Apologies apparently don’t mean much to Paris Mayor Anne Hidalgo, who is threatening to sue Fox News over its “no-go zone” reporting about Paris even though the network has expressed a number of regrets and corrections over the episode. “When we’re insulted, and when we’ve had an image, then I think we’ll have to sue, I think we’ll have to go to court, in order to have these words removed,” said Hidalgo to Christiane Amanpour of CNN. “The image of Paris has been prejudiced, and the honor of Paris has been prejudiced.”

Yes, this is insane. After all the aspersions, insults, vitriol, sniping, jeering and just general nastiness directed at Paris and at France over the years not only from Fox News but from many other U.S. precincts, THIS is what triggers a libel claim from the city of Paris?

To recap the offense, Fox News hosts and guests and commentators seized on the Charlie Hebdo massacre to make a number of dubious statements about how Paris — and Europe more generally — is pockmarked with “no-go zones” in which Muslims dominated, Sharia law reigned and the police feared to do their work. “There are broad swaths and pockets, as we know, of these ‘no-go zones’ that have Sharia law and they’re only going to get larger because of the fear to acknowledge it and fight it with policies that will stop these immigration tactics,” said Fox News host Andrea Tantaros, for example.

Given its reach via television and its Web site, Fox News can be sued in many places. Jeffrey Pyle, a partner at Prince Lobel Tye LLP in Boston, finds it unlikely that the city of Paris would choose to file a claim in the United States, given the hurdles it would face. “I’ve never heard of a municipality bringing a libel claim before,” says Pyle. “It strikes me that it would run afoul of the rule that the statement has to be about an identifiable person or group or corporation.”

Right: Libeling cities is one of the great perks of living in a free society. “If a city could bring a libel claim, we would be in a lot of trouble indeed in this country,” says Pyle. “One city libels another all the time, especially when they’re facing each other in the Super Bowl.”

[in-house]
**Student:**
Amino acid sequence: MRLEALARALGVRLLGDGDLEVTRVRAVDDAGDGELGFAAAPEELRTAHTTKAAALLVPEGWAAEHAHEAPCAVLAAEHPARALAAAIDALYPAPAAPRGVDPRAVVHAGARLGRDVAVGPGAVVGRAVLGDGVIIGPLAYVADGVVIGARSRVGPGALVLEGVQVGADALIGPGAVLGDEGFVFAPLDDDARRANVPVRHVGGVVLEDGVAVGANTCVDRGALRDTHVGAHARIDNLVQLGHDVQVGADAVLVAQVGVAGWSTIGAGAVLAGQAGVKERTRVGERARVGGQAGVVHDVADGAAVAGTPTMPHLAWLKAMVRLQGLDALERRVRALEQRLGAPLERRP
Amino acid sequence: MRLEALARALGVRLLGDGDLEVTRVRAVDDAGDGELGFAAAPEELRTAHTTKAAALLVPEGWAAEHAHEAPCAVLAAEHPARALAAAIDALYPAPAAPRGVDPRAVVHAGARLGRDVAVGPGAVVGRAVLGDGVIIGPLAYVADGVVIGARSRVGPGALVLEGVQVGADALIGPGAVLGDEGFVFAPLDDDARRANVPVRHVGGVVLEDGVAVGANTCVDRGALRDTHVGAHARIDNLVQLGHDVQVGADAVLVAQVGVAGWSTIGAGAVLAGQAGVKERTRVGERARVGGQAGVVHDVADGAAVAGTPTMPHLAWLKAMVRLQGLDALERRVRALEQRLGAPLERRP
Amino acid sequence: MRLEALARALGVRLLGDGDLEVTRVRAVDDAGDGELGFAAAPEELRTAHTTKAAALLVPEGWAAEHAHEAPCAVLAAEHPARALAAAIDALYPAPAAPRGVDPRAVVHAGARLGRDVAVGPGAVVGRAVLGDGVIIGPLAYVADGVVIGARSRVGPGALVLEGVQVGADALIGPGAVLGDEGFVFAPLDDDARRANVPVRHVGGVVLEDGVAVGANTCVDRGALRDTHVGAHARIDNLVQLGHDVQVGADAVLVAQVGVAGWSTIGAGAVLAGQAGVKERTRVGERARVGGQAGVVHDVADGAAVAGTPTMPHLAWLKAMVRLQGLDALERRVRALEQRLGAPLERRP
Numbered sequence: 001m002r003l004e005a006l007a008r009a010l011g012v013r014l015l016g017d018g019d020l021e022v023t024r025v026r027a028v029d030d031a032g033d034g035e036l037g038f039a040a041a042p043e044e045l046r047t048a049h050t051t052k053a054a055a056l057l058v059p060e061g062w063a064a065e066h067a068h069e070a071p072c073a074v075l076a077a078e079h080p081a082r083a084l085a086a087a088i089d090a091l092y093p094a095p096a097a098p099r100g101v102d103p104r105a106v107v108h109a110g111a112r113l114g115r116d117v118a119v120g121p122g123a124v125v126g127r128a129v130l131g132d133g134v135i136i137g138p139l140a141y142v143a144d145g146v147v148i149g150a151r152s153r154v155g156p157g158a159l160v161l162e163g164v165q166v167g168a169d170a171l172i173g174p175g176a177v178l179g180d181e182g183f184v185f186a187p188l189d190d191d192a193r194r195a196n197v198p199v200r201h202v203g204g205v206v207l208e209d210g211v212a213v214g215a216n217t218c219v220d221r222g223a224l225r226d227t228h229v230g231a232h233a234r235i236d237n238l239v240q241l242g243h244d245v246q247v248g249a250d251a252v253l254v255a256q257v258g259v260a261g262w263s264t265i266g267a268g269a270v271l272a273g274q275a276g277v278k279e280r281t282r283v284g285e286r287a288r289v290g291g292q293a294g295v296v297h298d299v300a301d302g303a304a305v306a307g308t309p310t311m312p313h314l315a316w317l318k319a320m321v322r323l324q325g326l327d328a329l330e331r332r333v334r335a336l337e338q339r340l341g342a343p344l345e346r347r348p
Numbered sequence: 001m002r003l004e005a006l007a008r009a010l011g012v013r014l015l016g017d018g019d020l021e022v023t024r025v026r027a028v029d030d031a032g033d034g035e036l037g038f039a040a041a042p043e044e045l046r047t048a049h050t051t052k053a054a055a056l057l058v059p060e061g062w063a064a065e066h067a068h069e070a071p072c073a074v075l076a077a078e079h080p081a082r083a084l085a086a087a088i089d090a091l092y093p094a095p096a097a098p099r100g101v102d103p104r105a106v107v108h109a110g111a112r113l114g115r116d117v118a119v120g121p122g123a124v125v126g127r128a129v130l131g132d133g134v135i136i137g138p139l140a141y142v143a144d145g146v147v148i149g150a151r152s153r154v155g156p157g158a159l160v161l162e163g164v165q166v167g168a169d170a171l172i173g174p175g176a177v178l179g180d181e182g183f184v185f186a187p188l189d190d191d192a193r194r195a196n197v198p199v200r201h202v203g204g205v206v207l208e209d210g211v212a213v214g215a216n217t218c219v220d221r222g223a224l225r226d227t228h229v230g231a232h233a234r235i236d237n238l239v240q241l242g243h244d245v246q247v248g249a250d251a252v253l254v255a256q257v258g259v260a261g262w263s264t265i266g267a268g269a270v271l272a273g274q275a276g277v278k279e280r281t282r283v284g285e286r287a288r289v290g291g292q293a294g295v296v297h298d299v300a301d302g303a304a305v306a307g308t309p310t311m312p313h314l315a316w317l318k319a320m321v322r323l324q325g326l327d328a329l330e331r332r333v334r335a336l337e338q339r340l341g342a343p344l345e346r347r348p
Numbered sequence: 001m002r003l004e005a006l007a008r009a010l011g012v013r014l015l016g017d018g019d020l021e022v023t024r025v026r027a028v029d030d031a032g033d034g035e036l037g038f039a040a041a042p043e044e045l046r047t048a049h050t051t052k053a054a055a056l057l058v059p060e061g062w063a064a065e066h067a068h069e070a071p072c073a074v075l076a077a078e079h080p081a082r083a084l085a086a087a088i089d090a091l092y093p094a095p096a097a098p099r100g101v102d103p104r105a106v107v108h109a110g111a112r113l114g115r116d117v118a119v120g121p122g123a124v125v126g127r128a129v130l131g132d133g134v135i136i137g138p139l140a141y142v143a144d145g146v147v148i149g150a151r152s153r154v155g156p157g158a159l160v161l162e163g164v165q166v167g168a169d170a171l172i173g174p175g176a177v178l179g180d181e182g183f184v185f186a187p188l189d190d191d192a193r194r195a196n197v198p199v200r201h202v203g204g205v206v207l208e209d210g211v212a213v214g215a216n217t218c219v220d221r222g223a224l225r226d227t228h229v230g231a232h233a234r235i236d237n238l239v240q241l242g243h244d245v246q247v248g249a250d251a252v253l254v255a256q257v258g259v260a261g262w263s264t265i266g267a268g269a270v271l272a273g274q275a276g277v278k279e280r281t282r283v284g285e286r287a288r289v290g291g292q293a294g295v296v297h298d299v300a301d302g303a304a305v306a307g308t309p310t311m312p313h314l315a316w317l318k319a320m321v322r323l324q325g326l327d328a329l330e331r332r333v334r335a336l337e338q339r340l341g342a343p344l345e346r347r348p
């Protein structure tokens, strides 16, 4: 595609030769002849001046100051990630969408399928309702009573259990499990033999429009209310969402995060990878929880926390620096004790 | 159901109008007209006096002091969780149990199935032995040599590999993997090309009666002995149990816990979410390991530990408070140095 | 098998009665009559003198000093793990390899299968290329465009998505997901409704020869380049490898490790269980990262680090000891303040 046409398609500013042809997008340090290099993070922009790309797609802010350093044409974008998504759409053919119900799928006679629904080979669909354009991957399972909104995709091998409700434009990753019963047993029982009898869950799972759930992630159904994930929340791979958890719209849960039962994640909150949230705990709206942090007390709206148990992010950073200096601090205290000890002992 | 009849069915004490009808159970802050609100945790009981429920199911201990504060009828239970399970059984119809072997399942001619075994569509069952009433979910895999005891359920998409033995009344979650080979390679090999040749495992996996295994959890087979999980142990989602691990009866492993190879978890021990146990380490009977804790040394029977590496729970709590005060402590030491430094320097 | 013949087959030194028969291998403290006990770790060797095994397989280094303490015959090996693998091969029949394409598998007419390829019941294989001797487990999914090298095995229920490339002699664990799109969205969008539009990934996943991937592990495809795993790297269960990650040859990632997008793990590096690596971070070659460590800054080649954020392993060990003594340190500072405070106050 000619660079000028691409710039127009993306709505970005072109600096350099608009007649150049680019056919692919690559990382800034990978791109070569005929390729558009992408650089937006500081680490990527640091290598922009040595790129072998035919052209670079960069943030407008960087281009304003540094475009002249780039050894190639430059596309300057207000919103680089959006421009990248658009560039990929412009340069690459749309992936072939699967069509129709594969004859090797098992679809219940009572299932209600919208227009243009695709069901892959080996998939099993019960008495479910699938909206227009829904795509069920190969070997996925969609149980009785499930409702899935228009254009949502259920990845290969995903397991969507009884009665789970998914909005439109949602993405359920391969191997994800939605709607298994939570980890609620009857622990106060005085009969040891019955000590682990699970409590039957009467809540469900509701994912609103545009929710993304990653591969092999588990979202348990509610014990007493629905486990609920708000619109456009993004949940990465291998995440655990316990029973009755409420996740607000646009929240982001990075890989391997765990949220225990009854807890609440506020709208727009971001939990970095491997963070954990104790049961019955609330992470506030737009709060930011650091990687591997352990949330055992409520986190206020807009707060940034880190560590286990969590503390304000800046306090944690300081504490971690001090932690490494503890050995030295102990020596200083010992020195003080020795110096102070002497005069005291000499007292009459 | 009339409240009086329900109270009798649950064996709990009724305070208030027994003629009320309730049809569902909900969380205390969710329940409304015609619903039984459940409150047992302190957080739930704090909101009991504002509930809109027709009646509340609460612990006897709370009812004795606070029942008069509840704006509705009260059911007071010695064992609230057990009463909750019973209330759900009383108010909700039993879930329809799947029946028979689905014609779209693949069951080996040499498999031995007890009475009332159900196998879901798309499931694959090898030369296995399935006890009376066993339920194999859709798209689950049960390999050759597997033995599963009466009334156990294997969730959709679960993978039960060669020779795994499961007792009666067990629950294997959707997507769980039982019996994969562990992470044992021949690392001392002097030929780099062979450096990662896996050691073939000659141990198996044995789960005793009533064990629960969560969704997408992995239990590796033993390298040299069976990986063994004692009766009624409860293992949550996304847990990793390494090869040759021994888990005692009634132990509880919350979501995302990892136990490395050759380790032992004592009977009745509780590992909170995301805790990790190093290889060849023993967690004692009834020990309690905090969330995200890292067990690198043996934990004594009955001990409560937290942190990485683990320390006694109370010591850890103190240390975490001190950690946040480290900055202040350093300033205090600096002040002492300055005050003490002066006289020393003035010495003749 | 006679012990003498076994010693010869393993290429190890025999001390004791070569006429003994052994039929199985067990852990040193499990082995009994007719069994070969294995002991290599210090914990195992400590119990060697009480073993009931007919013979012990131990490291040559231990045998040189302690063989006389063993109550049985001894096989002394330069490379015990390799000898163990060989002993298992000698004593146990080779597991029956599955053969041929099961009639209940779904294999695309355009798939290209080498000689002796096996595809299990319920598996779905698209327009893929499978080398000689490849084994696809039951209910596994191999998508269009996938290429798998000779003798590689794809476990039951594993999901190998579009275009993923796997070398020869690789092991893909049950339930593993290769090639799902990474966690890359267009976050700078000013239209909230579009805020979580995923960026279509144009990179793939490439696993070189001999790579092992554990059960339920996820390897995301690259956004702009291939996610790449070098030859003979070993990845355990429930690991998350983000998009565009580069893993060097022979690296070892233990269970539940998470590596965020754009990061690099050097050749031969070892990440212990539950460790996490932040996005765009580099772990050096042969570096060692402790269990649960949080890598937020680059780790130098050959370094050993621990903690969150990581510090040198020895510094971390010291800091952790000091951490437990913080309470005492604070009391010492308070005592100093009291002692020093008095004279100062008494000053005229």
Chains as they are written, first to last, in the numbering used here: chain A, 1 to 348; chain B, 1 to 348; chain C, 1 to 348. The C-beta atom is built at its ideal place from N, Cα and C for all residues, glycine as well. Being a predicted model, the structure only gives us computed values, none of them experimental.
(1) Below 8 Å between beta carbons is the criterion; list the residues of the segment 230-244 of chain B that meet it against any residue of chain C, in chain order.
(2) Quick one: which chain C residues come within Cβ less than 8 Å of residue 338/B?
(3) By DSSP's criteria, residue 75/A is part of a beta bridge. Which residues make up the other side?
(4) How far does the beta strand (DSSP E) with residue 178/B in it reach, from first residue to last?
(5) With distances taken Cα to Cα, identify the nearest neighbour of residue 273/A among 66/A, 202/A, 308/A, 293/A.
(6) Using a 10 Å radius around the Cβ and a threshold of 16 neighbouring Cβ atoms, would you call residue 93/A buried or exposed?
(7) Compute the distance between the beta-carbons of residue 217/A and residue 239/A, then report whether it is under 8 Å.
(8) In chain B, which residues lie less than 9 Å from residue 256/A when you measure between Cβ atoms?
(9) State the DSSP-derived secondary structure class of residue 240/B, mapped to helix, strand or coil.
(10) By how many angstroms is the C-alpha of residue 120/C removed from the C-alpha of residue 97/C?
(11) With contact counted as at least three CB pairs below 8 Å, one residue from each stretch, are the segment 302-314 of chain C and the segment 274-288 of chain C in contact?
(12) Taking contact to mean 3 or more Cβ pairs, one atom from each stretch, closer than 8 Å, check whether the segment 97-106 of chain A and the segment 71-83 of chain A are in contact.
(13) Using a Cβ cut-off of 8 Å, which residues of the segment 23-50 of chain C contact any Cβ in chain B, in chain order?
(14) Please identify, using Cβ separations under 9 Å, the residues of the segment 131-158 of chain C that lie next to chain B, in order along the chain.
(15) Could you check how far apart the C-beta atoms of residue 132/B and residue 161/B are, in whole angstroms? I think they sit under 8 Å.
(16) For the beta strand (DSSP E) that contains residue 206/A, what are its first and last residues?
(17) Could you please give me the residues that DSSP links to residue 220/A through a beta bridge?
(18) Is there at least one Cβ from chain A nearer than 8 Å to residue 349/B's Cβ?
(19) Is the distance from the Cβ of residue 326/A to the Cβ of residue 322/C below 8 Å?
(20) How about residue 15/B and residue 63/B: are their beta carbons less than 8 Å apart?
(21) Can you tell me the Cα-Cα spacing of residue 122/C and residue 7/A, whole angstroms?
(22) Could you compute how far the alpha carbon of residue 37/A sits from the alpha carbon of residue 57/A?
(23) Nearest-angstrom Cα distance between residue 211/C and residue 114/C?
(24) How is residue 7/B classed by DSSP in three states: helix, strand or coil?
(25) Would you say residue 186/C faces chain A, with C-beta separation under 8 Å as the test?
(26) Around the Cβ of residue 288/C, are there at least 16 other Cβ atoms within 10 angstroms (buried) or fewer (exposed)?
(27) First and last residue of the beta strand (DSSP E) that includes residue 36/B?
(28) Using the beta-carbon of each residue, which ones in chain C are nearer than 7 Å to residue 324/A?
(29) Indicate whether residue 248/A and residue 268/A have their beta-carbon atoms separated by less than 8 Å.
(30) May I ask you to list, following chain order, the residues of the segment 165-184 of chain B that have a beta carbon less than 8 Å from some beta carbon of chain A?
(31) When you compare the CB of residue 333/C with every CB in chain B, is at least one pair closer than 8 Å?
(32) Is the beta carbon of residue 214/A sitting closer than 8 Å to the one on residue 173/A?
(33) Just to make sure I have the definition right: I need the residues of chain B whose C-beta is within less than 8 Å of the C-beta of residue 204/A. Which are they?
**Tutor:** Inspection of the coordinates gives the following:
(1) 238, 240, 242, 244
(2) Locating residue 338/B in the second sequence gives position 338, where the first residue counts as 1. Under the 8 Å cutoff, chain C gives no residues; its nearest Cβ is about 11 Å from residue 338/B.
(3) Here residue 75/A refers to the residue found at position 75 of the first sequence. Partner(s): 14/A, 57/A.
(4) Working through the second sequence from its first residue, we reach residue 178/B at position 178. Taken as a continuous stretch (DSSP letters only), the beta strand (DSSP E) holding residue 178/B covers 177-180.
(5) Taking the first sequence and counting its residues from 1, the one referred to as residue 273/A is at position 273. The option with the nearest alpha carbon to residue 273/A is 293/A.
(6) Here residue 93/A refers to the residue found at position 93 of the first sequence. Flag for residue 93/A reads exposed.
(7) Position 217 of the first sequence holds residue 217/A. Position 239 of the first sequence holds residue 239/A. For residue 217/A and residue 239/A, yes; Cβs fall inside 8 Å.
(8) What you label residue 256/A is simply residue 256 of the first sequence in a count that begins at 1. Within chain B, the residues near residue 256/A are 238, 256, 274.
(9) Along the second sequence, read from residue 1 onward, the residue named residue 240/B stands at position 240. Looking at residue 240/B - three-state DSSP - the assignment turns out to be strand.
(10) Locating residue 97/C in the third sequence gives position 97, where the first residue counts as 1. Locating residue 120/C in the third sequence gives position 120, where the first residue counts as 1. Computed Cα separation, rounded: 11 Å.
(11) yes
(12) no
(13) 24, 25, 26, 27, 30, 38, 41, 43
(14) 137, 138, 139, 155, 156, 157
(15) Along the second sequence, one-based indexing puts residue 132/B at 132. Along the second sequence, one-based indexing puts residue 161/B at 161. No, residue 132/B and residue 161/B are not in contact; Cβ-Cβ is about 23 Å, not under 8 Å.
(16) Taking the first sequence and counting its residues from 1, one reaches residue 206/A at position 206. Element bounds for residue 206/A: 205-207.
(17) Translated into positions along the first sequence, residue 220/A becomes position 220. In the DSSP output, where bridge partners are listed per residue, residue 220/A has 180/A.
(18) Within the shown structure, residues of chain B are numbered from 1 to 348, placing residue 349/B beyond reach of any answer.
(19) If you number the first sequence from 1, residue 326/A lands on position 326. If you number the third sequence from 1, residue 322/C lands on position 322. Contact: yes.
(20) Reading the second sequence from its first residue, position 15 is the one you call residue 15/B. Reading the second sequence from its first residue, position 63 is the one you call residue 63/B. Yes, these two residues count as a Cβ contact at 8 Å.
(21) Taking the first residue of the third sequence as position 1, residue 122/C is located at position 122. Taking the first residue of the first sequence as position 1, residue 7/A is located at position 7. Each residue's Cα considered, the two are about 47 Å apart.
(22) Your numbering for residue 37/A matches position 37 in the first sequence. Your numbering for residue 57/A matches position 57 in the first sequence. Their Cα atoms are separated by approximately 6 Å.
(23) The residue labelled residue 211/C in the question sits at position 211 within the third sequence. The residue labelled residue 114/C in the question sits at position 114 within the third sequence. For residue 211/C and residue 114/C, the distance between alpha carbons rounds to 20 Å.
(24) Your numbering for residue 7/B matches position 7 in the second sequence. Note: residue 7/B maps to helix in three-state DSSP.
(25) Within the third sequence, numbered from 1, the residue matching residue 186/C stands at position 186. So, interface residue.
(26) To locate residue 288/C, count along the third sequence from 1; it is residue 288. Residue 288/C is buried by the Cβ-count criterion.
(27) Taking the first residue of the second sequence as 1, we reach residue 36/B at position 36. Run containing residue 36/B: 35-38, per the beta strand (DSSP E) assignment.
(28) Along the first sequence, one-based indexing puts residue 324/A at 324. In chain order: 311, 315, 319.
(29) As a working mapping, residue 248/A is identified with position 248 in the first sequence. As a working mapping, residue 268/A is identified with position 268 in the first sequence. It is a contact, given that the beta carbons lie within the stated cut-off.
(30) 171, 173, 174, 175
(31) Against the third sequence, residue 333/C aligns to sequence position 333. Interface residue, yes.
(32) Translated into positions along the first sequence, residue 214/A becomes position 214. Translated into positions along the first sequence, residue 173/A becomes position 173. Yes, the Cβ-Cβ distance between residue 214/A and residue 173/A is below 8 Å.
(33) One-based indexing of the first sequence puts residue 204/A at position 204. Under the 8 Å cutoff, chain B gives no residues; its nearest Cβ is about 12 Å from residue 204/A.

An evaluation of the suit’s prospects under French law lies outside of the ambit of Le Blog d’Erik Wemple. This primer, however, says that a defendant in a defamation case can mount a defense based on the following factors:

*The statement is based on a serious
investigation (Fox News fails on this one),
„*The statement concerns a matter of public
importance (Fox News prevails),
„*The tone and balance of the statement is
measured and objective (Fox News fails because of Sean Hannity), and
„*There is no trace of personal hostility in
the statement (Fox News fails — Hannity strikes again)

Even if Hidalgo and the city of Paris somehow prevailed in a suit against Fox News, it’s questionable whether they’d ever get a penny from the company. In 2010, President Obama signed the SPEECH Act (Securing the Protection of our Enduring and Established Constitutional Heritage Act), which disallows U.S. courts from enforcing overseas judgments that are inconsistent with First Amendment protections. And just to be clear: Any judgment in favor of Paris over Fox News’s loose talk about “no-go zones” would malign the First Amendment. In its famous New York Times v. Sullivan decision, after all, the Supreme Court (of the United States, that is) declared, “For good reason, no court of last resort in this country has ever held, or even suggested, that prosecutions for libel on government have any place in the American system of jurisprudence.”

Were she serious about Paris’s reputation, Hidalgo would shut up about this silly litigation.